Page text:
Driver Information By State

Every state regulates driver's license eligibility of persons with certain medical conditions. The most common requirement for people with epilepsy is that they be seizure free for a specific period of time and submit a physician's evaluation of their ability to drive safely. Another common requirement is the periodic submission of medical reports, in some states for a specified period of time and in others for as long as the person remains licensed.

Select the state you want to find information about, or if you are moving and would like to compare two states' driving laws side by side? Choose the two states below to compare.

Law New Mexico
DMV Appeal of License Denial Yes
Doctors to Report Epilepsy No
Periodic Medical Updates Required After Licensing At discretion of Medical Advisory Board
Seizure-Free Period 6 months

New Mexico Driver Licensing Laws

New Mexico's statutes and regulations do not specify epilepsy as a basis for denying a license. The New Mexico Driver Manual recommends that a person with epilepsy have frequent check-ups, practice careful management of medicine, and be stable and seizure-free for six months preceding the application date.

A person is required to initially disclose and continually update information regarding their mental or physical conditions that may impair their ability to drive. N.M. STAT. ANN. § 66-5-7, 66-5-15.1 (2020). The Motor Vehicle Division may then require additional medical evaluations as it sees necessary to adequately evaluate “the applicant’s fitness to operate a motor vehicle safely.” N.M. STAT. ANN. § 66-5-14(A) (2020). Any medical information submitted by the applicant is reviewed by the Health Standards Advisory Board after the applicant has undergone medical examinations by the Board or a Board-designated physician. Board members, or other persons making examinations, are not liable for either their opinions or recommendations, and such information is confidential and may not be used as evidence in any trial. N.M. STAT. ANN. § 66-5-6 (2020).

At the recommendation of the Health Standards Advisory Board, an applicant may be subject to reexamination and/or issued a probationary or restricted license. N.M. STAT. ANN. § 66-5-19, 66-5-8 (2020). The reason for a licensee's suspension, revocation, denial or cancellation is distinguished by violation code. A person may appeal the decision to deny, suspend or revoke a license by requesting a hearing. The request must be made within 20 business days after the decision. N.M. STAT. ANN. § 66-5-30 (2020).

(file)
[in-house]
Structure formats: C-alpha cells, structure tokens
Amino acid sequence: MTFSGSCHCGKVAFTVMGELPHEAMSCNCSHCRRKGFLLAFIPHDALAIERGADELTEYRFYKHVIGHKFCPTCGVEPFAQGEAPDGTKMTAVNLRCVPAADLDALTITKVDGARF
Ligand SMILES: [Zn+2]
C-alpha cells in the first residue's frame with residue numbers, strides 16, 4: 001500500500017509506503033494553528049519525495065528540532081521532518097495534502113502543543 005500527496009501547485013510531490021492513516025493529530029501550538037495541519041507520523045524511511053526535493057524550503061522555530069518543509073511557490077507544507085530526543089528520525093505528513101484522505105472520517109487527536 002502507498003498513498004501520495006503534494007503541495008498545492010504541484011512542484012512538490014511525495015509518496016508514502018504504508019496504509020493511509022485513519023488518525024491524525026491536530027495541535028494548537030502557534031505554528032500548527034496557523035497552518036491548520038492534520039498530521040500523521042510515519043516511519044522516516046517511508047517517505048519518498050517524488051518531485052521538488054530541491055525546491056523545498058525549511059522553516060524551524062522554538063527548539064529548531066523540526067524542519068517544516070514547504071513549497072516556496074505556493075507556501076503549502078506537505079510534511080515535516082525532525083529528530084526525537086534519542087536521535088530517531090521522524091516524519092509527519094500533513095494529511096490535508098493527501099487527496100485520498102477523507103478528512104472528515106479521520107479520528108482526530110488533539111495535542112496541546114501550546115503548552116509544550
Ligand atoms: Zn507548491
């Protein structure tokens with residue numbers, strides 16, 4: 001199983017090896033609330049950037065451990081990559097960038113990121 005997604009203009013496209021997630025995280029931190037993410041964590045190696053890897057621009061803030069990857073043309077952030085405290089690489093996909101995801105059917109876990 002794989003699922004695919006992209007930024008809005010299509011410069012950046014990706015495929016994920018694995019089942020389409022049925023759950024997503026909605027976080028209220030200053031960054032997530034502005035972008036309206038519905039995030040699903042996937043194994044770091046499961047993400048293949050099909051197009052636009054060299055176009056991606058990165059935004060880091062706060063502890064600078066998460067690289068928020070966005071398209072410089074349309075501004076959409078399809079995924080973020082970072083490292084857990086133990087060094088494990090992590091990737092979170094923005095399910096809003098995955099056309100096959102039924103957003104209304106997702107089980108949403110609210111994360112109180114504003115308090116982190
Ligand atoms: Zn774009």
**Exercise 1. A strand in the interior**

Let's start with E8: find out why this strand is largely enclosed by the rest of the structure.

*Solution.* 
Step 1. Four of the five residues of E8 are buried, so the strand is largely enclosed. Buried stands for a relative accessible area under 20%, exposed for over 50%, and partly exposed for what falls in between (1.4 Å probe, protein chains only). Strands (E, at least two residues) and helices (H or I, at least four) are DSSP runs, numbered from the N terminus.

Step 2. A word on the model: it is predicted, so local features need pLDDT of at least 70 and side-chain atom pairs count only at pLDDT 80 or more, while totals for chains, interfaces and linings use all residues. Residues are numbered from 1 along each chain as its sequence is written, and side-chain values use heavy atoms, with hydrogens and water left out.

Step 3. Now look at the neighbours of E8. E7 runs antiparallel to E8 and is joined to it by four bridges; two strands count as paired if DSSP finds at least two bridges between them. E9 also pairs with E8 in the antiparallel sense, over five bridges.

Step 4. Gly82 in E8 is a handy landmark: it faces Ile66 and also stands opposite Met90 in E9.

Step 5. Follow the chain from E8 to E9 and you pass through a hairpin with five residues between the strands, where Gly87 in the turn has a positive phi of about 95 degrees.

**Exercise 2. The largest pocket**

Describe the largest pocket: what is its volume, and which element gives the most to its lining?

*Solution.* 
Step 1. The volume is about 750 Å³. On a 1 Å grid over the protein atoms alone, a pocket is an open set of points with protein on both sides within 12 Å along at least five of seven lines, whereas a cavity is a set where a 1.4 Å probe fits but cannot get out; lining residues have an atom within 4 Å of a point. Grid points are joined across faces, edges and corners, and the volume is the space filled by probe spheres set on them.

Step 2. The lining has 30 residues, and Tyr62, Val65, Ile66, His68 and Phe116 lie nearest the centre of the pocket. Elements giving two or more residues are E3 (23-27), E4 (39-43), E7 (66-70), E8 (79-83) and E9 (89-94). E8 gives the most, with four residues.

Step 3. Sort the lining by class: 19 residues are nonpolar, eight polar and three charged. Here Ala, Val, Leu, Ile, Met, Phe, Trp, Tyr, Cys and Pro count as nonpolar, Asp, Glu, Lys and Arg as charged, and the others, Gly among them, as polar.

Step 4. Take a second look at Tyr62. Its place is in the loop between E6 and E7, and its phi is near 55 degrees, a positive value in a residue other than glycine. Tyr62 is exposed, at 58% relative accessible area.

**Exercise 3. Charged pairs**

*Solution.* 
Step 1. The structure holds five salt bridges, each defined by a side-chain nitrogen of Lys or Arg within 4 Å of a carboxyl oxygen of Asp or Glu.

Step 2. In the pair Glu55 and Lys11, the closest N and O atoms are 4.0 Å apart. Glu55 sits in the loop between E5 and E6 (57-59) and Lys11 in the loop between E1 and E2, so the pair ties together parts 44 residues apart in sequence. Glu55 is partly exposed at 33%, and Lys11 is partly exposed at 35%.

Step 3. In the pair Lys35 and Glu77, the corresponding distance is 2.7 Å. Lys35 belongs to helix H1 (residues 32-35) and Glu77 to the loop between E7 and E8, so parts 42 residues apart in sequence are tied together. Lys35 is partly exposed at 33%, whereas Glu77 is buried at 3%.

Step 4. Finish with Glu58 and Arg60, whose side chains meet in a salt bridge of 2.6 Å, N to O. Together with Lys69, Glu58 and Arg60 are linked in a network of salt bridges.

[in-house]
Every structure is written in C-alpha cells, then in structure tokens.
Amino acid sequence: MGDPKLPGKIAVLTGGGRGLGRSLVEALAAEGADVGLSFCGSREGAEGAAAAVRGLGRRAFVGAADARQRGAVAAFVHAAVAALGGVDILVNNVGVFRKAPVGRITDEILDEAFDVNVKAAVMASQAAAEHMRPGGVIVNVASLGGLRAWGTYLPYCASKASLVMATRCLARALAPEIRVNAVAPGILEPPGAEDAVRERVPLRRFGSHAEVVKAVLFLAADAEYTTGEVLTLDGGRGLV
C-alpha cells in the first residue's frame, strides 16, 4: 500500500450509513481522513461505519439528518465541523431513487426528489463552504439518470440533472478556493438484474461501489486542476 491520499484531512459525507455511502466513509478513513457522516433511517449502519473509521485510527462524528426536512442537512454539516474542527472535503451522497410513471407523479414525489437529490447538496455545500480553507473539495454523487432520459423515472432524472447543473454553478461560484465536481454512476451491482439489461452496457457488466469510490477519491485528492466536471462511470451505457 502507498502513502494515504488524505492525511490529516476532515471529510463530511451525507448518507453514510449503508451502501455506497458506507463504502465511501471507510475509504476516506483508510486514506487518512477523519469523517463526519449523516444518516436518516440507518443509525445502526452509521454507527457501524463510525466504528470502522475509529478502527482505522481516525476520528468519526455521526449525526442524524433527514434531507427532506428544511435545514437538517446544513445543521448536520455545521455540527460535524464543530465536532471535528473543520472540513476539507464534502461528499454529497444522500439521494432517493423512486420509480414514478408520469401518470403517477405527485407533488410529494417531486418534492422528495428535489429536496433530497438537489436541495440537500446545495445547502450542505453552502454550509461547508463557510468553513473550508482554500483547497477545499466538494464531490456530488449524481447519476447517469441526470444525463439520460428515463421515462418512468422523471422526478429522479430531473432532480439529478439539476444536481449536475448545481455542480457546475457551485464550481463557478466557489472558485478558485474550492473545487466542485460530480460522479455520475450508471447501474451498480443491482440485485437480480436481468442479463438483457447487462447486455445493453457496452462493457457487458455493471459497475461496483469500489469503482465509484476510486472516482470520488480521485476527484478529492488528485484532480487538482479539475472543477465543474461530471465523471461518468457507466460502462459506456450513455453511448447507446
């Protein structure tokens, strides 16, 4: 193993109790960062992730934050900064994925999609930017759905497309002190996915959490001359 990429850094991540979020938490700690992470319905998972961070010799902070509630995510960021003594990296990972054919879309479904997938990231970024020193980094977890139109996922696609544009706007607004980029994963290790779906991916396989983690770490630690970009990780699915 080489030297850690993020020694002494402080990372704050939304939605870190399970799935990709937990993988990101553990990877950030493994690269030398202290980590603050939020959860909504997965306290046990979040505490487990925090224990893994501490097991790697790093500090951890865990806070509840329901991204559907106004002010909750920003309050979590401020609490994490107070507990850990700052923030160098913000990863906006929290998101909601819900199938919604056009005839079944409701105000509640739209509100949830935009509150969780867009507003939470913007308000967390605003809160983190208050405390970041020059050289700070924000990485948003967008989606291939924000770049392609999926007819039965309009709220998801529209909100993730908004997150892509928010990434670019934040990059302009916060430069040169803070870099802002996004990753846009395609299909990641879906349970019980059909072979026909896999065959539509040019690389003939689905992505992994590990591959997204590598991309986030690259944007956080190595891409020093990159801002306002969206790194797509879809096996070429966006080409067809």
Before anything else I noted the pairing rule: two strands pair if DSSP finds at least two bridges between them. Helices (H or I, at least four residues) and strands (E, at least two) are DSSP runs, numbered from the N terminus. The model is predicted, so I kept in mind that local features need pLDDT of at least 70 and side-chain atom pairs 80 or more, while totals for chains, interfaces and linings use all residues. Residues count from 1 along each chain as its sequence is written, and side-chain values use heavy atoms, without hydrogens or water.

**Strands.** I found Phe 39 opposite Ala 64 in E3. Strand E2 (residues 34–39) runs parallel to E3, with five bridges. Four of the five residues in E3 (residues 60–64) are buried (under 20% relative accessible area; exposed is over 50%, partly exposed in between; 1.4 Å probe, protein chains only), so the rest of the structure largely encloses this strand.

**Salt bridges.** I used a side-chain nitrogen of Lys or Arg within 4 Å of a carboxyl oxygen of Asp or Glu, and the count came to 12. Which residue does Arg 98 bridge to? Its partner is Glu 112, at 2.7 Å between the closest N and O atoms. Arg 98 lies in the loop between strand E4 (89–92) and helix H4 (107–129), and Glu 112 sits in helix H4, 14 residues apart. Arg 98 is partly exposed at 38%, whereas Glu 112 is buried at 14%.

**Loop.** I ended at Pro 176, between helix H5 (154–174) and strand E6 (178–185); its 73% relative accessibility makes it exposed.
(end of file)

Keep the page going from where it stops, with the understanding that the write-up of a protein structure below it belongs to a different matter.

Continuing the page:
If a license is cancelled, suspended, denied or revoked, the licensee may, within thirty days, file a petition for a hearing in the district court of the county where they reside. N.M. STAT. ANN. § 66-5-36 (2020).

Commercial Driving

New Mexico has adopted the federal DOT's standards for licensing individuals to drive intrastate. The State of New Mexico does “not issue waivers for drivers with epilepsy, a history of epilepsy, or who are taking anti-seizure medication.” People with epilepsy can receive a commercial driver’s license if they are “off anti-seizure medication and has been seizure-free for 10 years.” If the person has had a single unprovoked seizure, they may be qualified to drive a commercial motor vehicle in interstate commerce if they have been seizure-free and off anti-seizure medication for a 5-year period or more. 

New Mexico Identification Card

New Mexico residents who are thirteen or older and who do not have a valid state driver's license may be issued an identification card by the motor vehicles division. Identification cards are renewable every four years for a fee of $5.00, or eight years for a $10.00 fee. Applicants must present one proof of identity and identification number and two proofs of New Mexico residency. N.M. STAT. ANN. §§ 66-5-401 to 66-5-408 (2020).

New Mexico Reporting

There is no statutory provision requiring the reporting of individuals who have been treated for or diagnosed as having epilepsy or a seizure disorder to a central state agency.


© 2020 Epilepsy Foundation. All rights reserved. This summary was developed for informational purposes by the Epilepsy Foundation and reflects a review of data available as of August 2020. Information is subject to change. This summary is not a substitute for legal advice. For further information, please consult your state Department of Motor Vehicles.

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